Royal Gibraltar Regiment
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Royal Gibraltar Regiment

Coordinates: 36°08?57?N 5°20?31?W / 36.149028°N 5.3419°W / 36.149028; -5.3419

The Royal Gibraltar Regiment
Coat of Arms of the Royal Gibraltar Regiment.svg
Cap badge of the Royal Gibraltar Regiment
ActiveApril 1958-present
Branch British Army
Part ofBritish Forces Gibraltar
Garrison/HQDevil's Tower Camp, Gibraltar
Nickname(s)The Barbarians
Motto(s)"Nulli expugnabilis hosti" (in Latin) (English: Conquered by no Enemy)
AnniversariesRegimental Day: 28 April
EngagementsDefence of Gibraltar, 1940-1945
Lt Col Simon Dyson
Colonel in ChiefThe Governor of Gibraltar (currently Lieutenant General Edward Grant Martin "Ed" Davis, CB, CBE)
Colonel of
the Regiment
Col Francis Brancato OBE JP
Willie Thomson
Tactical Recognition FlashRoyal Gibraltar Regiment TRF.svg
Arm BadgeKey of Gibraltar

The Royal Gibraltar Regiment is the home defence unit for the British overseas territory of Gibraltar. It was formed in 1958 from the Gibraltar Defence Force as an infantry unit, with an integrated artillery troop. The regiment is included in the British Army as a colonial force.[1] In 1999, the regiment was granted the Royal title. The Regiment recruits from the United Kingdom, Republic of Ireland and the Commonwealth.

The Regiment formed it's own Cadet Force in November 2009, funded and sponsored by the Government of Gibraltar and under the authority of The Governor. A memorandum of understanding with Regional Command was signed in 2018 to give recognition by MoD as Commonwealth Cadet Force. It operates under the Army Cadet Force training manual and broad regulations.


The Band of the Royal Gibraltar Regiment.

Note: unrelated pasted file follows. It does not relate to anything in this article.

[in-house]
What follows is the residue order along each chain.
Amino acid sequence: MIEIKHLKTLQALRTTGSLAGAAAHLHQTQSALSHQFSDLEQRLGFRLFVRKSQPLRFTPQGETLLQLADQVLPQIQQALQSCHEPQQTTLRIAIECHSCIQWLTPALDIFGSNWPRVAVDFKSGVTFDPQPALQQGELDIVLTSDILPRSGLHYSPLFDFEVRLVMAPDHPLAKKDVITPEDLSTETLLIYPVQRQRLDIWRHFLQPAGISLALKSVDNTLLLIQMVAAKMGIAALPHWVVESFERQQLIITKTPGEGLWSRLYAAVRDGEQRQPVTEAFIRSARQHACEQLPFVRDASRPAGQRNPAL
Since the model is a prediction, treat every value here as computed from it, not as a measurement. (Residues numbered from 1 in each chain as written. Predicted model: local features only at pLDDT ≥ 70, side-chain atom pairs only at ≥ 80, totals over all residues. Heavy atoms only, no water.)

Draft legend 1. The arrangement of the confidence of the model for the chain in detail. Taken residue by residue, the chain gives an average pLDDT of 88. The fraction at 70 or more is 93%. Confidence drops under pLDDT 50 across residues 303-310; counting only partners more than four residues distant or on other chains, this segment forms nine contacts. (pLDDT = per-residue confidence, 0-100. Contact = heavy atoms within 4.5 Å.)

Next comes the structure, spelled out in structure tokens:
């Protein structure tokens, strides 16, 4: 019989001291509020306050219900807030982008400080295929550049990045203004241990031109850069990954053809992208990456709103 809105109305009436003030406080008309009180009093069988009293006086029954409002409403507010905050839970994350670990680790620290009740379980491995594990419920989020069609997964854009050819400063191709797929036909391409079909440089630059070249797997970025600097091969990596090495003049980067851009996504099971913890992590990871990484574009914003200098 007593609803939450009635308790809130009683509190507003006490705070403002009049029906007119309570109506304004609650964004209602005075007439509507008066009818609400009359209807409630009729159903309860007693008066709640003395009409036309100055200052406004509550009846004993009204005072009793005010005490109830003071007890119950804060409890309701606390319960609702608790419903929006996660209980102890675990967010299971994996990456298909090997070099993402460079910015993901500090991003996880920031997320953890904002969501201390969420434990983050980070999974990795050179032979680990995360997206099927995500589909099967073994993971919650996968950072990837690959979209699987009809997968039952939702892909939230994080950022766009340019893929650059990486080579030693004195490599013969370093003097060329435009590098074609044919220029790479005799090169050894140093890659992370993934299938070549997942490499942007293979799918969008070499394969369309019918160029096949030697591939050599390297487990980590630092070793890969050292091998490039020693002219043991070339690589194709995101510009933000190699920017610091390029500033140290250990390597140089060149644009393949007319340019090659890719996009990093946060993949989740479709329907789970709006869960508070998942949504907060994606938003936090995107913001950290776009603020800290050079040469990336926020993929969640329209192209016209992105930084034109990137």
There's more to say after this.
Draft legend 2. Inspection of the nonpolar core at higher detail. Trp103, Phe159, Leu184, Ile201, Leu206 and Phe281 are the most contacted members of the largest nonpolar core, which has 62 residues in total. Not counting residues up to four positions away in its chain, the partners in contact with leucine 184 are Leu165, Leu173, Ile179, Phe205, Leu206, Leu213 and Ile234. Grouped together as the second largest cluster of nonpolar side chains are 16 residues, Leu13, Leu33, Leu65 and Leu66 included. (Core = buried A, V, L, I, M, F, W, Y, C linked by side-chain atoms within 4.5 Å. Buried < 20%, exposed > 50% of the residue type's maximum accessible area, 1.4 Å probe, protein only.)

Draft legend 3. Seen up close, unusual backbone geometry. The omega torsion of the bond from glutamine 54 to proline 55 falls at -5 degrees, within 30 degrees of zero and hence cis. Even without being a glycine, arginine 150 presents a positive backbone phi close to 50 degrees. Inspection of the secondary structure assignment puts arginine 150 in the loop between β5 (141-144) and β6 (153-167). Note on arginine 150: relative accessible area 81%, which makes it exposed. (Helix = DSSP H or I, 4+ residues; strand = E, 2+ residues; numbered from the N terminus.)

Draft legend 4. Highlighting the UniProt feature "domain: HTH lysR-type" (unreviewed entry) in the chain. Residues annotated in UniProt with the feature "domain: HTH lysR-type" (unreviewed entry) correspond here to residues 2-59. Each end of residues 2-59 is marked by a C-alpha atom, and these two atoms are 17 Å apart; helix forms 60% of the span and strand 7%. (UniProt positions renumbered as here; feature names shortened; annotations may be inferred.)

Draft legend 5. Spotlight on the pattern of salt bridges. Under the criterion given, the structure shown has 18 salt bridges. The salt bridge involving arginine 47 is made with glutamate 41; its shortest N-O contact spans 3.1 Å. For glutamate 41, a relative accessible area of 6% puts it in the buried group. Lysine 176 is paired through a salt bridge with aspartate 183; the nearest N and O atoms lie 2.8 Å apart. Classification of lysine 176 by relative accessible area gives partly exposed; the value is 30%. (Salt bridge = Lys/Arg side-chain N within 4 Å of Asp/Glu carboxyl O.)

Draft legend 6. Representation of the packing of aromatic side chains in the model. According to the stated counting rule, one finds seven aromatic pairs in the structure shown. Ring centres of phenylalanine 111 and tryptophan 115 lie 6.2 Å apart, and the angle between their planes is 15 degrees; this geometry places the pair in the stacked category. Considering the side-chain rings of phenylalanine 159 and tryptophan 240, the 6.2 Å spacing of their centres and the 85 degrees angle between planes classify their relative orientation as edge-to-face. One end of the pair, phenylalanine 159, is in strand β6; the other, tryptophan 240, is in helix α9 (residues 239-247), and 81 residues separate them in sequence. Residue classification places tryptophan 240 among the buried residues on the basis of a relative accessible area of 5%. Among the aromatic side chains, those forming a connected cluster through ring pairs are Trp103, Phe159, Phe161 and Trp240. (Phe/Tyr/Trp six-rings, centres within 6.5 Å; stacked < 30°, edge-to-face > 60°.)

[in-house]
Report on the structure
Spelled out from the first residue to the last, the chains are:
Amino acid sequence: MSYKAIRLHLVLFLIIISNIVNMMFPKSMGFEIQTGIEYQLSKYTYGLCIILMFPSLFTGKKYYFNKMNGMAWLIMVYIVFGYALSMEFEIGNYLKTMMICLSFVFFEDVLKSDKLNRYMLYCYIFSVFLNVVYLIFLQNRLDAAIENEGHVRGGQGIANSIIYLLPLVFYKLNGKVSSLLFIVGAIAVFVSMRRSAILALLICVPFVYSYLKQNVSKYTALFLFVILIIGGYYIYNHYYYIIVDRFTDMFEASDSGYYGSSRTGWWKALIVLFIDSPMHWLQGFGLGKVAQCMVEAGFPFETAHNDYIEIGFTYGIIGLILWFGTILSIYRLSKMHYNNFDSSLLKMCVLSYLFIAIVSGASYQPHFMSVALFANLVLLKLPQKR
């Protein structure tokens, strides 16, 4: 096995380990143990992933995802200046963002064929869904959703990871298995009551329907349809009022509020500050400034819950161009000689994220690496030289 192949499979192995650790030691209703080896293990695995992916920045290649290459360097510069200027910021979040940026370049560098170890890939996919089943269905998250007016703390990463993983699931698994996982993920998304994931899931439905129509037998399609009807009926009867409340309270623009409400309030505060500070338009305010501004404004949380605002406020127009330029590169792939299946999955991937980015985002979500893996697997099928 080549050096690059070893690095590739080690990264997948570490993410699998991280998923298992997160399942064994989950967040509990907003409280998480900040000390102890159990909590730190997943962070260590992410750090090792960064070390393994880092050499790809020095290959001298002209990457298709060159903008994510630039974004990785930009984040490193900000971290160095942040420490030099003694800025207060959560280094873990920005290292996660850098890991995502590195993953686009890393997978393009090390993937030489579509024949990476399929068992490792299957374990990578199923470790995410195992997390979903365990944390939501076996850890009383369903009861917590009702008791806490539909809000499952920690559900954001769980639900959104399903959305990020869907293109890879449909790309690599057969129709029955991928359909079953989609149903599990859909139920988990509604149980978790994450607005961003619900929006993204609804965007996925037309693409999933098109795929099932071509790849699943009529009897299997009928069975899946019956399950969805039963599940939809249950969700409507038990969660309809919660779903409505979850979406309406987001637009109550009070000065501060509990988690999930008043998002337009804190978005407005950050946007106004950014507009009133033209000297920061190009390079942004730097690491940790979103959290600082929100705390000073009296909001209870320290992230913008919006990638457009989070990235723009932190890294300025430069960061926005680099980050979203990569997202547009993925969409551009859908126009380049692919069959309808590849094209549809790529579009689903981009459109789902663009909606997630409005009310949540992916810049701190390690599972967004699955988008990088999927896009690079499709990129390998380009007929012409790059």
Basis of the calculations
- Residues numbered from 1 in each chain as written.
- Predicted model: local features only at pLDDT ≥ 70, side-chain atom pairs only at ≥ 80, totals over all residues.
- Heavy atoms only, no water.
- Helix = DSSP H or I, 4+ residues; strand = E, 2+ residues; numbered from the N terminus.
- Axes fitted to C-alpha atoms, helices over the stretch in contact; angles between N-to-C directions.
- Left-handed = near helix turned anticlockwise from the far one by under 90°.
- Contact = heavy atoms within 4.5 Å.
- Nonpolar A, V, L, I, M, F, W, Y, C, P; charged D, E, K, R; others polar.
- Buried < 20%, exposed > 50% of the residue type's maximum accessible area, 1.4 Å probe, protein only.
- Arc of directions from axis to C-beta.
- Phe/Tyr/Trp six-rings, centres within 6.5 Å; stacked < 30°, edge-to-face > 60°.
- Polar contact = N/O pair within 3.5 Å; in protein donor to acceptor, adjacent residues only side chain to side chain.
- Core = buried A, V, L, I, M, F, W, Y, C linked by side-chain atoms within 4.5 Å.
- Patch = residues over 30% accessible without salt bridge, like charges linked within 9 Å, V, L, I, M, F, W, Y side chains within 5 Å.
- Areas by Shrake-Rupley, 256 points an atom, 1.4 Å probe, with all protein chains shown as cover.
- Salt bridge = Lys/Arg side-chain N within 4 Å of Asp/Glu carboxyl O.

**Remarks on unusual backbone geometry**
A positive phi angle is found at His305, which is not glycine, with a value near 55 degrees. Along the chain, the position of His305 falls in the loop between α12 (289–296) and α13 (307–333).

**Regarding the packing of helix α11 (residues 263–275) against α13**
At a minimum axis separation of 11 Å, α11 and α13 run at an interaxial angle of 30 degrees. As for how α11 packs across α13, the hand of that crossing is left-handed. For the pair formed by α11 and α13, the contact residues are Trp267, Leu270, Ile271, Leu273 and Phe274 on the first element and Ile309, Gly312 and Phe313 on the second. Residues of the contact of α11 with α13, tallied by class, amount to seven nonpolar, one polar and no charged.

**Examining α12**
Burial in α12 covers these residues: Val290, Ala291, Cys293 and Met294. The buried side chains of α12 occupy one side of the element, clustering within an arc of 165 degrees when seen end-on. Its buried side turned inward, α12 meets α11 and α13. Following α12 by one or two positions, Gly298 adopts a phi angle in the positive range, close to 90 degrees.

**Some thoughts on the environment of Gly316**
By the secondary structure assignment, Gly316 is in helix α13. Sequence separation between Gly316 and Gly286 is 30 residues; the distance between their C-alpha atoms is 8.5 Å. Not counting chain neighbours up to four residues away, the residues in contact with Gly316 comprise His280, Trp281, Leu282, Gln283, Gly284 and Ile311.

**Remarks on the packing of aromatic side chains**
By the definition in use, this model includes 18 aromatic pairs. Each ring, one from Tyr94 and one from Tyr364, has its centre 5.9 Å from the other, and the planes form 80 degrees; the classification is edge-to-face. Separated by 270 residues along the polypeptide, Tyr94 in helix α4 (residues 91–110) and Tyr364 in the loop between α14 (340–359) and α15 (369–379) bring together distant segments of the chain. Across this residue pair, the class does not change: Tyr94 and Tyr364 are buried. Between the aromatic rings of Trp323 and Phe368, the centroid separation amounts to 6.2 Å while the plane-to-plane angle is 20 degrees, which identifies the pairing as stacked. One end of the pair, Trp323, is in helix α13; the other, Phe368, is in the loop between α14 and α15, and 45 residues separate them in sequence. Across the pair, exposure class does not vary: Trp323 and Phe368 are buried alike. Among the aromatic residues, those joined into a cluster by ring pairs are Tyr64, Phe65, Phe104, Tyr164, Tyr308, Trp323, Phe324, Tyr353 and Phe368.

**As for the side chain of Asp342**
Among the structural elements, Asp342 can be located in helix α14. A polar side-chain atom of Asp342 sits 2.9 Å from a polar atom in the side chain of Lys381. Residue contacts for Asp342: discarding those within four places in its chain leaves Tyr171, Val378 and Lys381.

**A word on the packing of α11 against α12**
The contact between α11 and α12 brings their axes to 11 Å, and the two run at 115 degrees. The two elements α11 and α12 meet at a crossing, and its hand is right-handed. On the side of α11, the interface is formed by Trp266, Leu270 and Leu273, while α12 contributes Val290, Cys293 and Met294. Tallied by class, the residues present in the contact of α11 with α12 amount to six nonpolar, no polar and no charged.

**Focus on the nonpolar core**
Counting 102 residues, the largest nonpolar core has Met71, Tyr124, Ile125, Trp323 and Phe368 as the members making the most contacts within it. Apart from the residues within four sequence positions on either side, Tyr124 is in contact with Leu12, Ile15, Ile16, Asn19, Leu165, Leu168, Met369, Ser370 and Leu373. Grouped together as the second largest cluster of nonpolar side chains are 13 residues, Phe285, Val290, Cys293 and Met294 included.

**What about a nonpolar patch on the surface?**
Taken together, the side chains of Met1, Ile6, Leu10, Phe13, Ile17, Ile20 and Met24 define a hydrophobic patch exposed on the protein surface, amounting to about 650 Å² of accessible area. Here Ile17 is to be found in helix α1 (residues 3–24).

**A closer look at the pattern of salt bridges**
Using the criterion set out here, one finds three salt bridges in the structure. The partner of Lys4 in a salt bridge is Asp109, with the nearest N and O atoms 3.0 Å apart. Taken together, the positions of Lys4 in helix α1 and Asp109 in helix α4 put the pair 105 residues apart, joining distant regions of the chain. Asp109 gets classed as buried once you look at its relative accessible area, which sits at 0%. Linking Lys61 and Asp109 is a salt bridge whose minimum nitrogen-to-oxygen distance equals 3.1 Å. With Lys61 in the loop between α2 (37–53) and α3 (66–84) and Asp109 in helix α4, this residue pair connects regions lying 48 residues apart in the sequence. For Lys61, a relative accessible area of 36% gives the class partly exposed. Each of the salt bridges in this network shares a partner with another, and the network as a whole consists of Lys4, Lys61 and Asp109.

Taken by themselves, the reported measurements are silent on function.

Initially a reserve force, on the withdrawal of the British Army garrison from the territory in 1991, the regiment was reorganised into an all infantry unit and took over the duties of the resident battalion. The re-roled regiment consisted of a headquarter company (Thompson's Bty) and three rifle companies of which B Company is the reserve element with the others being made up of regular soldiers.[2]

  • HQ Company (Thomson's Battery, Regular)
  • G Company (Regular)
  • I Company (Regular)
  • B Company (Reserves)

HQ Company is made up currently of the Artillery Troop, Motor Transport Platoon, Signals Wing, Catering Platoon and Clothing Stores.

G Company comprises three regular rifle platoons.

I Company is a regular rifle company, but also holds the regiment's specialists when fully manned. These are:

  • 2 x Recce Sections,
  • 5 x Sniper Pairs,
  • 2 x Machine Gun Sections,
  • 2 x Assault Pioneer/Soldier Sections,
  • 2 x High Assurance Search Teams,
  • 2 x Low Risk Search Teams,
  • The regiment's Explosive Ordnance Disposal Teams (EOD)

B Company also consists of three Rifle Platoons. It also provides two Sharpshooter Pairs, two Machine Gun Sections and one Low Risk Search Team.


The regiment undertakes army ceremonial tasks in Gibraltar as it is the only major unit based there. It is responsible for the ceremonial guard of the Governor at his residence the Convent, and performing the ceremony of the keys twice a year and the Queens Birthday Parade in Casemates Square, as well as any other Guards of Honour. In March 2001, for the first time, the regiment mounted the guard at Buckingham Palace. In addition to this, The Regiment has fired three 62 Gun Royal salutes at the Tower of London on the occasion of the Birthday of Her Majesty the Queen, a duty normally carried out by the Honourable Artillery Company.[3] In 2012 the Regiment once again provided the Queen's Guard at Buckingham palace during the Queen's Diamond Jubilee celebrations.

The regiment is involved with British Military Advisory Training Teams in Morocco, where the regiment has been forging close ties with the Moroccan Forces since 2000. It is the British Army's and Commander British Forces Gibraltar's local defence force.

A soldier of the Royal Gibraltar Regiment on ceremonial duty.

Unit history

18th century

The earliest verifiable historical evidence of local civilians enrolled to defend Gibraltar dates to 24 June 1720 and, by 1755, an armed organisation of local men were mounting guard on the picket line from Bayside to Devil's Tower to prevent soldiers from the garrison deserting across to the enemy.[4] These men were known as the Genoese Guard and were disbanded at the end of the Seven Years' War.[4]